Coming off of one of their worst performances of the season, the Toronto Raptors took a long time to gather themselves ahead of the usual pre-game media availability on Thursday. It was 38 minutes before head coach Dwane Casey emerged from the locker room, easily the longest delay in my tenure covering the team. When Casey finally spoke, his message could not be confused.
“That exhibition of basketball was unacceptable,” he said. “I want to apologize to our fans, everybody, for the way we played tonight. The effort, the competitive spirit wasn’t there, that team came out and played like it was a championship game and we played like it was a middle of the season game.”
Casey didn’t have a good explanation for his team’s horrendous effort, but it’s clear that he and the coaching staff have had enough. Multiple times, Casey referenced the need to find six-to-eight players able to give the team a consistent effort, and while it’s not immediately clear to whom, specifically, he was referring, it seems like rotation changes, even temporary ones, could be coming Friday in Detroit.
“That’s what we’re going to find out, we’re going to find seven or eight guys that are going to come out and compete,” he said. “That’s what we’ve got to have. There’s no excuse, there’s none. You can’t even explain.”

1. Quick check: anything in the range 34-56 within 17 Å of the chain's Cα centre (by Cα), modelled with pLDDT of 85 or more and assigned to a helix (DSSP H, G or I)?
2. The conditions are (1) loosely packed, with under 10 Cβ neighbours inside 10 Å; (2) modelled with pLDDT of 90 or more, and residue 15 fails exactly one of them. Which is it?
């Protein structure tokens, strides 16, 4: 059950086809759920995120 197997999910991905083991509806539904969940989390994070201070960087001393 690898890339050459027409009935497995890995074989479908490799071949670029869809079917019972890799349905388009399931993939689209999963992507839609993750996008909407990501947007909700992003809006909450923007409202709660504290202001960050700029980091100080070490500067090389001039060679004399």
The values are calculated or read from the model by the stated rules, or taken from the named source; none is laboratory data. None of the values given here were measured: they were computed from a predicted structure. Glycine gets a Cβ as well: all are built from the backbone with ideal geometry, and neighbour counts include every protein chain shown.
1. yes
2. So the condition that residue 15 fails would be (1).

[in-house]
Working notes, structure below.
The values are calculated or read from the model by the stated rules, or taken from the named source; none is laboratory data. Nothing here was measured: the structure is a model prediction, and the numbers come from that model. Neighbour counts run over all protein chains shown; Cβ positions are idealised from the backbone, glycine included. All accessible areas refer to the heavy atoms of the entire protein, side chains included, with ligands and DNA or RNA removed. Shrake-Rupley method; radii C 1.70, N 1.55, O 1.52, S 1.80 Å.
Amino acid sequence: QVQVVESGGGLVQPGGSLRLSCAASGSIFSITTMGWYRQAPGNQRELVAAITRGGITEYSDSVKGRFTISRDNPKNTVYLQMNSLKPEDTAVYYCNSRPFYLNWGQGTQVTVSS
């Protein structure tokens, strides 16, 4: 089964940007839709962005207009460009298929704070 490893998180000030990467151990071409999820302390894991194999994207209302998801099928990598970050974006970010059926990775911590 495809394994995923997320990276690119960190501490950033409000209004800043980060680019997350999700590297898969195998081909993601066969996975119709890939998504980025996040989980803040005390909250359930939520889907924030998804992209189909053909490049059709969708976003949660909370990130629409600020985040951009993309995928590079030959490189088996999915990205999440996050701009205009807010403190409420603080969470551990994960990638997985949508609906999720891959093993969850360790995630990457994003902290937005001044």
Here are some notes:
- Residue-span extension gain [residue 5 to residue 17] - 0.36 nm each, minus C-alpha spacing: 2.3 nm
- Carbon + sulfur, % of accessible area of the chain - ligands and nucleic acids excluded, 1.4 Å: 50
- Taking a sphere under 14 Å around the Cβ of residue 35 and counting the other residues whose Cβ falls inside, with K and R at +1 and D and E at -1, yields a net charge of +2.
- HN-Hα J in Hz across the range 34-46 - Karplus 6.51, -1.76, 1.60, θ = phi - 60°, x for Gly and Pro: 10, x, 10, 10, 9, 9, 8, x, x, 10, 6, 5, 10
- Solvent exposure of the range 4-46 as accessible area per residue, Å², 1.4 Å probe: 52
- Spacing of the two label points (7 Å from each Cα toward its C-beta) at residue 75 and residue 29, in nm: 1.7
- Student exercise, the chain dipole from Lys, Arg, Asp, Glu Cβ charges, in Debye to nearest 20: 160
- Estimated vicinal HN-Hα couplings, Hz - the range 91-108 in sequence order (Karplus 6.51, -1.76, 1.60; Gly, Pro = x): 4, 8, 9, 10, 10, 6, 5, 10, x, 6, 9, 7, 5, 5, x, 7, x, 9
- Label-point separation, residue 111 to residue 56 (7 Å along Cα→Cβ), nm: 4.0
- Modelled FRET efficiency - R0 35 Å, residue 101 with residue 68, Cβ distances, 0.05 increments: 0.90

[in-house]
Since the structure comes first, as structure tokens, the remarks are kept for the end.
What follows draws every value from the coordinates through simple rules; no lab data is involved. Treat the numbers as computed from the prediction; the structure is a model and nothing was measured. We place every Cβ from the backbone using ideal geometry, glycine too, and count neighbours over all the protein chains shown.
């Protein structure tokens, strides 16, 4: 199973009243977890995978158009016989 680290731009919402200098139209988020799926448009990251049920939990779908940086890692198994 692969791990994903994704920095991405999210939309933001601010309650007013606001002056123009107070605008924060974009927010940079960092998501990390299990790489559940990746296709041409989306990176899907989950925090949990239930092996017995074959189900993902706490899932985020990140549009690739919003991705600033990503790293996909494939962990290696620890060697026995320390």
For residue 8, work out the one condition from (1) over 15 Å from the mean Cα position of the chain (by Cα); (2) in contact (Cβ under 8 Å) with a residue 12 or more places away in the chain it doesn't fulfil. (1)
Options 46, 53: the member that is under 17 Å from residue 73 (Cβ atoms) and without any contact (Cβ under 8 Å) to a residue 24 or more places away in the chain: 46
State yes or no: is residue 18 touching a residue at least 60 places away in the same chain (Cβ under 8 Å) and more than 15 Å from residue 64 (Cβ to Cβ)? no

The players were wearing the terrible outing, too. While most of them had cleared out by the time the locker room opened, DeMar DeRozan provided some detail on the post-game mood. Namely, that multiple players spoke up in the immediate aftermath, and that the things that needed to be said were said. P.J. Tucker revealed that the players spoke first with the doors closed, then the coaches entered to further the discussion.
A players-only meeting is rarely a good thing, although smoldering anger and disappointment are surely preferable to apathy.
“We had a chat with each other. That was that,” DeRozan said.
It’s difficult to know how much of an impact something like a coach publicly calling out his team or the players having a closed-door discussion will have. The Raptors are playing with a tenuous formula, down Kyle Lowry, and they need effort to be at an absolute maximum to succeed. The issue with making too many rotation changes to send a message is that the Raptors don’t have a lot of talent, but their second unit has at least been playing with more urgency than the starters. What, exactly, the team will do to shake this off is unclear, but no solution should go without exploration.
This was goddam terrible. At least they know it, and they’re wearing it. But no amount of lip-service is going to make anyone feel better until they bounce back and back it up.
“I said what I had to say,” Tucker said. “A lot of people talked a lot, it was a good conversation but enough talking. We’ve got 14 games left, it’s time to put it into action, it’s time guys go out and show that we care about each other and we want to do something special here. We have the team to do it.”
Let’s see it, then.